The saga of genetically modified wheat in Canada is a fascinating story revealing the conflicting producer, agribusiness and consumer interests that emerge when scientific discoveries affect the way we grow and market food. Growing Resistance: Canadian Farmers and the Politics of Genetically Modified Wheat has an engaging tale to tell and a great deal to recommend it, although it suffers from an academic style and a polemical approach that may limit its readership to specialists.
The book grew out of Emily Eaton’s doctoral dissertation and focuses on the politics of genetically modified wheat. It asks a question key for anyone interested in genetic engineering and other forces driving contemporary farming: why was GM wheat not approved for use in Canada, while other genetically engineered crops such as canola were? In answering it, Eaton’s book casts an uncommonly in-depth look at the culture of farming in Canada.
The wheat in question was Monsanto’s Roundup Ready wheat, created in the 1990s and designed to tolerate Monsanto’s herbicide product Roundup. Weeds are a major pest for farmers in many crops, and the intended advantage of RR wheat to farmers was that they could spray Roundup while the crop was in the field, killing weeds but leaving their wheat unaffected.
The book has many strong points, in spite of its dense writing, and Eaton is at her best when describing the issues that have plagued the approval of GM crops. Her comparison of the factors leading to the adoption of GM canola and the rejection of GM wheat in Canada is particularly illuminating.
She frames these different outcomes in a full spectrum of crop characteristics, farming history, economic factors, government regulation, scientific advances and the implementation of federal policies designed to favour corporate agriculture. In the process, she reveals competing visions for agriculture and food that express the difference in the public’s mind between bread and edible oil, ranging from a populist, cooperative, farmer-driven system for wheat to the more agribusiness and science-driven model that developed in canola.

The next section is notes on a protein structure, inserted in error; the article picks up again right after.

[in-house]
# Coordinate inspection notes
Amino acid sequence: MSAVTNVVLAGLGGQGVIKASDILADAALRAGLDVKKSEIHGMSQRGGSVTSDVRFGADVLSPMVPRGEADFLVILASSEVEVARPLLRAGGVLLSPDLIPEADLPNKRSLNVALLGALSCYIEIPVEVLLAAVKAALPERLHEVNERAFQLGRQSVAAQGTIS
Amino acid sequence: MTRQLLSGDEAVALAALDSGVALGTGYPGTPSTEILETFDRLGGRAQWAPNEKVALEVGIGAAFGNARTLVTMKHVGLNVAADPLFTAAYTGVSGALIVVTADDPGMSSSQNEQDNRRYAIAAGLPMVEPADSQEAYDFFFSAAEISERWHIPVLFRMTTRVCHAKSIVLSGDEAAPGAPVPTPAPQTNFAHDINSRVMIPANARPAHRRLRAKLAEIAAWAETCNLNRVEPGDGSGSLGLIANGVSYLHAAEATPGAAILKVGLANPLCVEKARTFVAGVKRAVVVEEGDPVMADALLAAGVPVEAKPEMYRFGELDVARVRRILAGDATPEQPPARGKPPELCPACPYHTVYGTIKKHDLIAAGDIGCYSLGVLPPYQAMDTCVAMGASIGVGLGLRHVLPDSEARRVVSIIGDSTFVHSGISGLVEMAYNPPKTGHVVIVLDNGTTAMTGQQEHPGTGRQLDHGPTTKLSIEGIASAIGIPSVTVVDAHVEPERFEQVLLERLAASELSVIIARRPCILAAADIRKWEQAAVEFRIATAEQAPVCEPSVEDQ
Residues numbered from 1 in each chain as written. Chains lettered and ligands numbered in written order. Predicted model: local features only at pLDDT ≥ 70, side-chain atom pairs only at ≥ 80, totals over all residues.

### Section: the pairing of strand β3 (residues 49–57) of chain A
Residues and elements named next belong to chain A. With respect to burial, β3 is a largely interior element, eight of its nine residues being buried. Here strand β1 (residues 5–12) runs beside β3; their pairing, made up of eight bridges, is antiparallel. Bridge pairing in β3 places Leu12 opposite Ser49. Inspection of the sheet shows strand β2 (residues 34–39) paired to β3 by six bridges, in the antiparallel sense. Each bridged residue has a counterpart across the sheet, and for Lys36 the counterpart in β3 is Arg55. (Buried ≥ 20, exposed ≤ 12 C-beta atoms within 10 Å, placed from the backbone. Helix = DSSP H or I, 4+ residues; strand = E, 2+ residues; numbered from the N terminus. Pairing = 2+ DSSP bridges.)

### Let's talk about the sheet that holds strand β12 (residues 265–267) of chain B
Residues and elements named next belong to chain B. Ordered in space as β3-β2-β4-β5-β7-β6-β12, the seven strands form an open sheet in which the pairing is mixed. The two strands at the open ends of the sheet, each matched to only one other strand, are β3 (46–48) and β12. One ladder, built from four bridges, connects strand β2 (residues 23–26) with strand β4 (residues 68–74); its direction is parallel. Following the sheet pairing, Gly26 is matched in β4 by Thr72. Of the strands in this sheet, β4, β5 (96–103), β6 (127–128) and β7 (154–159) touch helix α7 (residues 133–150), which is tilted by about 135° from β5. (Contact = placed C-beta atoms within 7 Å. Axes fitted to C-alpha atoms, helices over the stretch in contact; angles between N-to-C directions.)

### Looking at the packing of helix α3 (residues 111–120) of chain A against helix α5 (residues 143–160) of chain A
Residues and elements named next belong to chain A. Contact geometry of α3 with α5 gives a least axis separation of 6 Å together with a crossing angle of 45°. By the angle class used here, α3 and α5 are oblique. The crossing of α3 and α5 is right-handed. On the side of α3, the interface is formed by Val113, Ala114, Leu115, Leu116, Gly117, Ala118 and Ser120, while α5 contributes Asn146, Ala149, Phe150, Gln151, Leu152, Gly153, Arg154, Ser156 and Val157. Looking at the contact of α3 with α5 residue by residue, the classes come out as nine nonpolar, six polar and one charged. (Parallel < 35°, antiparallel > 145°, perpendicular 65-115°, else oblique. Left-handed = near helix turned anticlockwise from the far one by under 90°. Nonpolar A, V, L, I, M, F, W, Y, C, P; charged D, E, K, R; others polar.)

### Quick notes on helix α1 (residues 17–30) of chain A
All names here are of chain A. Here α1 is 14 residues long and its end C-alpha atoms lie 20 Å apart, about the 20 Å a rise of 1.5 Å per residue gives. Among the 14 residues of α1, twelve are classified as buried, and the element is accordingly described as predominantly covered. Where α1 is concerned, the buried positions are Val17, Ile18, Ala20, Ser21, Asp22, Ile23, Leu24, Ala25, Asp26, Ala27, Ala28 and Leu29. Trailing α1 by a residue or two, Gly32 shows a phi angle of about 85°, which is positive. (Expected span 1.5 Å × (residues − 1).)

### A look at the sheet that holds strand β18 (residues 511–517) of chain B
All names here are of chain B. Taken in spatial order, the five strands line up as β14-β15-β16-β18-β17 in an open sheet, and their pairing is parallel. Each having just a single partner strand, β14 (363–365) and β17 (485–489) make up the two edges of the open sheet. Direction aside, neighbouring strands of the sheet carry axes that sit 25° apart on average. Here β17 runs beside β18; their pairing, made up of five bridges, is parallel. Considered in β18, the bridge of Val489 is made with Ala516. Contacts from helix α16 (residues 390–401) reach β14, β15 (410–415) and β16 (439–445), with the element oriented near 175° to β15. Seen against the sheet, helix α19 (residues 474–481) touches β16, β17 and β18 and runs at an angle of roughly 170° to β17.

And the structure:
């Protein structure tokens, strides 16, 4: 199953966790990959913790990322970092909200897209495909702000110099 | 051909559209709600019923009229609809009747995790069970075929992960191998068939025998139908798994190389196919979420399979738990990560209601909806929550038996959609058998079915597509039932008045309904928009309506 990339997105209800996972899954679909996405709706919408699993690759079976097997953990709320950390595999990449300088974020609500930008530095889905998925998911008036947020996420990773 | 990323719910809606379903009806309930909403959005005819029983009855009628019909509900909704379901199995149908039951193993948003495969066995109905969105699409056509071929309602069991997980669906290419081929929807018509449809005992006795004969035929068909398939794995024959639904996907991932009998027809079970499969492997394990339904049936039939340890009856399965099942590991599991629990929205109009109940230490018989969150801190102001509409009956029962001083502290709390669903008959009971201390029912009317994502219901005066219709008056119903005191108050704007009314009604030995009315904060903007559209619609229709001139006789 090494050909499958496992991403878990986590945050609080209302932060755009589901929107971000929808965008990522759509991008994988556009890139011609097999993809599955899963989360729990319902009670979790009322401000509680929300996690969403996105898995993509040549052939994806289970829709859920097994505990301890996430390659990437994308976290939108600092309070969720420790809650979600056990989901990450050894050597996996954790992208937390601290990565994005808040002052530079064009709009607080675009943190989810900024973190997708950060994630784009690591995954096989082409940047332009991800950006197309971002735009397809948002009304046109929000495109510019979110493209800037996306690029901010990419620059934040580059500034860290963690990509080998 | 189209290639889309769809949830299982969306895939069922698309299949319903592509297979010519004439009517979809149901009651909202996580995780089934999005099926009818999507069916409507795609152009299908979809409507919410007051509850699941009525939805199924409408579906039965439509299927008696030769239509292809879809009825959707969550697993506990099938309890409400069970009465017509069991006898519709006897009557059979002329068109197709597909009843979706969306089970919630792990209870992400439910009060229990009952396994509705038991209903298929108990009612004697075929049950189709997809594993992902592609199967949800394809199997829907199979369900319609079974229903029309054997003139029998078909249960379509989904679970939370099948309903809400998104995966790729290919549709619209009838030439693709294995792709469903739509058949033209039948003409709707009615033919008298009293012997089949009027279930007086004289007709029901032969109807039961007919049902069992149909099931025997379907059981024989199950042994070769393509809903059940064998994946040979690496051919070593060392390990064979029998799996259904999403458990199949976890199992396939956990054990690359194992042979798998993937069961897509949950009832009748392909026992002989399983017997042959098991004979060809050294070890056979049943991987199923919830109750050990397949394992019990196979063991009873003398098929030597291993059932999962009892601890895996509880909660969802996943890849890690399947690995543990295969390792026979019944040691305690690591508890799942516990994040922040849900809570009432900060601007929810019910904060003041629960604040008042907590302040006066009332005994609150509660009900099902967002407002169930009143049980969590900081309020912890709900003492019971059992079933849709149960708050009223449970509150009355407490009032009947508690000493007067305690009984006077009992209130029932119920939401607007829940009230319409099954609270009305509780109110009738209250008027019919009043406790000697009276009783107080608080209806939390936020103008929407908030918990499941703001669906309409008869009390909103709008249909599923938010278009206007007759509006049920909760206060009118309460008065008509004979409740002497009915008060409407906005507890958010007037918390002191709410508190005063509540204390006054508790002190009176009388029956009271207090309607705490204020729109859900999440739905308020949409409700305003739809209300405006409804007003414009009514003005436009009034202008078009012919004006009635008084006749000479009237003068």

Wheat became a significant crop in Canada around 1900, at the same time that populist political sentiments were emerging. Farmer cooperatives that handle and market grain were formed as a result, including the now-defunct Canadian Wheat Board. Wheat varieties selected by traditional breeding techniques already produced high yields, so farmers did not see any agronomic need for genetically engineered wheat. Weed control also is not as much of a problem in wheat as it is in canola, and there are a number of herbicides to choose from that provide good control when needed.
Most significantly, Eaton tells us that producers generally save a portion of their wheat seed to replant in future years, eliminating the need to purchase seed from the agribusiness empire. Finally, on wheat’s side of the ledger, the crop has been present for thousands of years, with a mystique and culture around it that resist technological change.
Canola, by contrast, is a product of science, created by Agriculture Canada scientists who bred undesirable qualities out of canola’s predecessor, rape, resulting in an oilseed crop that yielded edible oil rather than the machine oils that were extracted from rape. These early canola varieties were turned over to industry, which developed methods of producing hybrid seed for planting that were superior to seed farmers could produce. Well before -genetically modified canola, producers became accustomed to purchasing seed from companies rather than saving and replanting their own.
Thus, science and agribusiness had already taken over canola seed production before GM varieties resistant to insects and tolerant to herbicides were invented. It was an easy transition for canola producers to buy seed and sign restrictive covenants about its use. Canola also did not have wheat’s historical ethos, and consumers were less resistant to using edible oil made from GM canola than they were to genetically modified bread.